Pastor's Blog

When you believe in Jesus, you’re not a Lone Ranger riding into the sunset to figure out Christianity on your own.  You become part of a group – an alternate society that wants to live life (not just “do religion”) God’s way.

The idea that Christianity is not merely a religion I find significant.  It’s popular to say “Christianity isn’t a religion, it’s a relationship.”  But the two are not mutually exclusive.  Christianity is both.  It is a religion. 

A religion is just a conscious practice of life, including certain ritual behaviors, that reminds me there is a higher aspect of life in the universe, something beyond life based on the creaturely senses.  That higher and extraordinary aspect informs, directs, and guides the way you live “ordinary” life.

That means that everything in my ordinary life has some connection to that higher extraordinary aspect.  It’s not just “church things” that are touched by God’s hand and it’s not only in church that my faith matters. 

When we talk about “the great commission” to evangelize, we usually start with Matthew 28.19:  Go into all the world…

But before that, Jesus says “All authority in heaven and on earth has been given to me.”  Jesus isn’t just on the throne in the church.  He has authority everywhere and over everything in the world.  When I go to my son’s ballgame or my daughter’s band concert – when I go anywhere to anything in the world, Jesus’ authority is there.  I’m not just there for the event; I’m His representative, His ambassador, as it were.

Every connection I make with people holds the possibility of significance for the kingdom.  And how I represent that kingdom, God’s people, becomes significant.

We are living in a time where many individuals and churches that have used the magic words method have made Christ stink in the world.  That has put an extra obstacle in the way of winning those offended by religious hypocrisy.

The first thing I want them to know is that I’m an ordinary human being.  I’m normal.  I’m not part of some creepy cult that refuses to interact with the world.

The second thing I want to do is demonstrate the fruit of the Spirit in my interactions.  I want to be kind.  I want to be patient and willing to listen.  I want to express my differences and disagreements graciously and wisely.  I want to ask thought-provoking questions.  I don’t want to gossip or slander or speak ill of others.  I don’t want to be arrogant or haughty or condescending or rude.  I don’t want to be pushy or obnoxious.

I want to be to them the way I would want others to be with me.
And when we part, I want them to leave thinking, “I like him (or her)”.
If possible, I want the door open for another opportunity to build that friendship, to be able to share in the things in life out there that we have in common.

I want to just be a good and decent human being in their presence.

This may seem unimportant.  But in truth, I don’t think that most people think of these kinds of things.  They don’t think about their character or who they are or how they talk or behave.  They just expect to be accepted for “who they are”.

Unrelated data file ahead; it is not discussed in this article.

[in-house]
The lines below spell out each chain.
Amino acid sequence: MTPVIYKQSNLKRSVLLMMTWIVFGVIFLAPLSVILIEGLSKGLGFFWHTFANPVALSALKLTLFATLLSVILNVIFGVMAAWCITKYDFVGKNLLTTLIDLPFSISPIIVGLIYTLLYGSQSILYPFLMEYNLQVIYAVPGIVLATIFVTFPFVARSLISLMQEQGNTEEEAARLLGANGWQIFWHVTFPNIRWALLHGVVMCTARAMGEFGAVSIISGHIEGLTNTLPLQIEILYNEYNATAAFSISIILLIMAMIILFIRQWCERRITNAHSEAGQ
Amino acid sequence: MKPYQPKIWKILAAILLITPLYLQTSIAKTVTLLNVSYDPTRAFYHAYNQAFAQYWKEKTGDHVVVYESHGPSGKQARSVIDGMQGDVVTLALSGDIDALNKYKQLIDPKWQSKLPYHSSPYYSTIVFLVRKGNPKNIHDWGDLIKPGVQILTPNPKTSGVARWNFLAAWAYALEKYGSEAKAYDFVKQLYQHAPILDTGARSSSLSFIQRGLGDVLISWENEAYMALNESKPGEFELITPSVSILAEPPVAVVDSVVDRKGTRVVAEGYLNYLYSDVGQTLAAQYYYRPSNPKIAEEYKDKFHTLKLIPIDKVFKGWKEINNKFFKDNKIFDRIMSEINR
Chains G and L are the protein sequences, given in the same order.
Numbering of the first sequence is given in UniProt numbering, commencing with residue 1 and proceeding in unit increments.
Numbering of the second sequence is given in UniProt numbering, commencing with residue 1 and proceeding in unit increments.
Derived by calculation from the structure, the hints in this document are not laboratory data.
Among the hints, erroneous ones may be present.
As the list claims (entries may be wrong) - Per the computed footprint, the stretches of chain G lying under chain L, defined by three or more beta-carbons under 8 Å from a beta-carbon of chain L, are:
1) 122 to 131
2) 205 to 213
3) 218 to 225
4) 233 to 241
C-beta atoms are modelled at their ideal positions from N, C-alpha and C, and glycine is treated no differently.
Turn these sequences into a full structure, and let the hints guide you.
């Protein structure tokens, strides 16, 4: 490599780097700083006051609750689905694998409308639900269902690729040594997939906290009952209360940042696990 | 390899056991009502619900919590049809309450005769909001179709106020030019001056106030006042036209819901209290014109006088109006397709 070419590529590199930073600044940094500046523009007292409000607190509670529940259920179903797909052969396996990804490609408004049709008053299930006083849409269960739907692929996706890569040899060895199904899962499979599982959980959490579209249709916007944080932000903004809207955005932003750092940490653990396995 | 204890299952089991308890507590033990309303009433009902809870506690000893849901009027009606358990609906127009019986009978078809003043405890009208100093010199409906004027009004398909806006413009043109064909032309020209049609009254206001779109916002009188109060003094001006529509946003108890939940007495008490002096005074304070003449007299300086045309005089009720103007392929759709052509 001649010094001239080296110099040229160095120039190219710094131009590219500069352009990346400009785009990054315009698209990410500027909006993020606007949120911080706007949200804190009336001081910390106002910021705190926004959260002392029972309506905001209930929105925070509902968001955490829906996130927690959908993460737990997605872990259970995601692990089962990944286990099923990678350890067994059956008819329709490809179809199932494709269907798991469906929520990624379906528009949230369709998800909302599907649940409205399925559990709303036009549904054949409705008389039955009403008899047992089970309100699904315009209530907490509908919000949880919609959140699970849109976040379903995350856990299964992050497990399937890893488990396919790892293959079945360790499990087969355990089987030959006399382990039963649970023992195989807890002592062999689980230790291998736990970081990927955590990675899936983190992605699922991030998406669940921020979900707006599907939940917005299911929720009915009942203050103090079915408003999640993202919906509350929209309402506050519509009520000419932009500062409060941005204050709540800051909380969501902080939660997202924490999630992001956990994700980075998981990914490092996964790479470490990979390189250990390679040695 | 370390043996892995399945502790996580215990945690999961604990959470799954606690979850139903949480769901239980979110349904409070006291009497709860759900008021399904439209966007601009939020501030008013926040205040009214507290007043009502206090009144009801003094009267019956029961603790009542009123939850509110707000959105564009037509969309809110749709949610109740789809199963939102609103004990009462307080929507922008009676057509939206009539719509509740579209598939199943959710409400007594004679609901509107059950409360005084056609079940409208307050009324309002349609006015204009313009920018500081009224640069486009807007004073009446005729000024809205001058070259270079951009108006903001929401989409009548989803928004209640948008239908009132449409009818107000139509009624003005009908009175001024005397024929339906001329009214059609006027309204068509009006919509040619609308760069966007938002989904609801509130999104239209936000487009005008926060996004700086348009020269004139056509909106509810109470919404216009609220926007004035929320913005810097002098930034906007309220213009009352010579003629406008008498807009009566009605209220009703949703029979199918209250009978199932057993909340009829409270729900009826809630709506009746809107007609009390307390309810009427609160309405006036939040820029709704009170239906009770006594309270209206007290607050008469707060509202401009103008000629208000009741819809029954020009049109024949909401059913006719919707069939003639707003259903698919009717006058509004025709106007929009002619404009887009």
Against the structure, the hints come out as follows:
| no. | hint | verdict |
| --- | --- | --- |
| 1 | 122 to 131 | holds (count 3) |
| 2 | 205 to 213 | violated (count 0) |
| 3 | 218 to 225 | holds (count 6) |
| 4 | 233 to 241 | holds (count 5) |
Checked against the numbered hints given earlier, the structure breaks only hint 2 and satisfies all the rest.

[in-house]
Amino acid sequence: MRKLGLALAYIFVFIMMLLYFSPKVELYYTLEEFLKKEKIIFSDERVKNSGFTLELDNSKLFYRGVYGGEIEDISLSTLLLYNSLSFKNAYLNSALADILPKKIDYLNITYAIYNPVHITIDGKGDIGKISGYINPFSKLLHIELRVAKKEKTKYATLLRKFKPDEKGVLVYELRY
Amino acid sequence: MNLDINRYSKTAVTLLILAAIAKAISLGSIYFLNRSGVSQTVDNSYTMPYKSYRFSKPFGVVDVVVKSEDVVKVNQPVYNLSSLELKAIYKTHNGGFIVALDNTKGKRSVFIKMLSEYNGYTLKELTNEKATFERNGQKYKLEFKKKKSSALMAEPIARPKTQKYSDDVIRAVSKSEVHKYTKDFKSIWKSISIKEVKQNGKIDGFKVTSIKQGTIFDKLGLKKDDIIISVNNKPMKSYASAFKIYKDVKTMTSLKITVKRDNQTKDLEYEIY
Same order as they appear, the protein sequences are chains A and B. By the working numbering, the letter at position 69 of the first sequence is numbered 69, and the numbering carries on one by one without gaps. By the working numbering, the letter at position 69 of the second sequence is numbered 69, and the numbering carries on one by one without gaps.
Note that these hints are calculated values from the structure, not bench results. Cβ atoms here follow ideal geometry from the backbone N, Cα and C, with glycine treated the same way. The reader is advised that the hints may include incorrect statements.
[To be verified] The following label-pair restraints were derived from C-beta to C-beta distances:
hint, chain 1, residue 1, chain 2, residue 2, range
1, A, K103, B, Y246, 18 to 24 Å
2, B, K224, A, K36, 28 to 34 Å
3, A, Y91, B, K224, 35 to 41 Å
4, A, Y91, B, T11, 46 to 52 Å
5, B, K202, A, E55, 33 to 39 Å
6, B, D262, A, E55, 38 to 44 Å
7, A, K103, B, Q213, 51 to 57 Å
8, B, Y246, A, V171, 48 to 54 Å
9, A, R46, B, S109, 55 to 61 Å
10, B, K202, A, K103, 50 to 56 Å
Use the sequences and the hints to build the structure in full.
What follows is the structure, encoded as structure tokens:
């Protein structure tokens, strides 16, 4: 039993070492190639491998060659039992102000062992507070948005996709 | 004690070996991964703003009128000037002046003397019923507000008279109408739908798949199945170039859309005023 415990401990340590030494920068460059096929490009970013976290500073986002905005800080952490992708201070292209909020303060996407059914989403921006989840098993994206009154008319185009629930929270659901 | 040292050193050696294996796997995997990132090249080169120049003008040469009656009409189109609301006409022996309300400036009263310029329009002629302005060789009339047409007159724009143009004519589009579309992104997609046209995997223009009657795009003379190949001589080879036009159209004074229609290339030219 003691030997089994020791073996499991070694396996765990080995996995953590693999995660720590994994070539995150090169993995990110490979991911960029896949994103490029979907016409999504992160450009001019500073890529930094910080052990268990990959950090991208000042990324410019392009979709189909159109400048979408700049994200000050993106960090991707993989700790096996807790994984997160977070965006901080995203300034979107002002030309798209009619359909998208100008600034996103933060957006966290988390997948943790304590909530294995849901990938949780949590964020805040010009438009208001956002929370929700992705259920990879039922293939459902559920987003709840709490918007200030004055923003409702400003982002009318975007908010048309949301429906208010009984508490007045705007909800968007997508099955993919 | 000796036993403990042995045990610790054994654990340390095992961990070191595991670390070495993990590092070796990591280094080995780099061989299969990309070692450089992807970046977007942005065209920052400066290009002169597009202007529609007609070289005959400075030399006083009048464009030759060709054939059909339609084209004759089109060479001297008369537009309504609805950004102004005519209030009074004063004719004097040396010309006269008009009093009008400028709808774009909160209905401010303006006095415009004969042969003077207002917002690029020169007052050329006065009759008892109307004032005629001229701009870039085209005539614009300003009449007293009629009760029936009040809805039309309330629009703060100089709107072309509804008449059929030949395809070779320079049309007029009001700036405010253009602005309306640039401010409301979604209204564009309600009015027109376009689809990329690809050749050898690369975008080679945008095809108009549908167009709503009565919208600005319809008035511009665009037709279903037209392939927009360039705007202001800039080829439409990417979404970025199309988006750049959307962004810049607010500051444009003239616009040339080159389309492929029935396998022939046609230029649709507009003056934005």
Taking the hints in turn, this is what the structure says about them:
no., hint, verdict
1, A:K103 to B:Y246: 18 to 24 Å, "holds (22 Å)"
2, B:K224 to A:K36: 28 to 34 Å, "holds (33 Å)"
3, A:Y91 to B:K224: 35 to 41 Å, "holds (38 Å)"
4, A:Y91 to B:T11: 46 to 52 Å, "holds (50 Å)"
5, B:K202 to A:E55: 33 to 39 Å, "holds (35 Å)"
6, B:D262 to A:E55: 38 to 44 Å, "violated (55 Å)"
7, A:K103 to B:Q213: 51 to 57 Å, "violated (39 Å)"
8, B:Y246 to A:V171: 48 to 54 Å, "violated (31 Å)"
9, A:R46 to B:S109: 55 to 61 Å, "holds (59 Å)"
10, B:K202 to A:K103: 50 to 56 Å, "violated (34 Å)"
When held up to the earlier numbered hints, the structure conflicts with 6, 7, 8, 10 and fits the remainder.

That’s very American.  It’s also why Americans are often deemed obnoxious.

I believe when you’re different in the ways I suggest, people notice.
And the worse society gets, the more starkly good people will stand out.
Ask any employer or schoolteacher.

And what makes you different?  Your ordinary life is directed by something – Someone – extraordinary.  And you’re not alone.  You’re part of a body of people that all live the same way.

At least that's the theory...and the hope.

I don’t want either of my readers to lose sight of why I’m writing.  I am trying to pass on a way to think about church – a philosophy of ministry – because I’m not going to last forever.  I’m temporary and the next generation must know not only what to do, but why.

I am suggesting that in the pendulum swing of history, American evangelicalism may have swung too far toward an individualistic and libertarian approach to the Christian faith, i.e. my faith is merely, primarily, or only personal – just between me and God – and needs to move back the other direction and grasp the importance of the role of the church as a body, of what we are as a people together.

I can’t speak for the whole world – only from the perspective of my own life and my own eyes.  The world that I grew up in – the society that I grew up in – seemed to me more trusting, more friendly, more caring, less suspicious of others.  Not that there weren’t problems; just that they didn’t take center stage and they weren’t constantly being thrown at you by the media.  You dealt with your own life – the world around you – not what was happening every moment in Washington or at the southern border or in China or Russia.

That has all changed now – and it seems that we are more in touch with the larger world, but almost removed from our next-door neighbors – or even from the people we go to church with.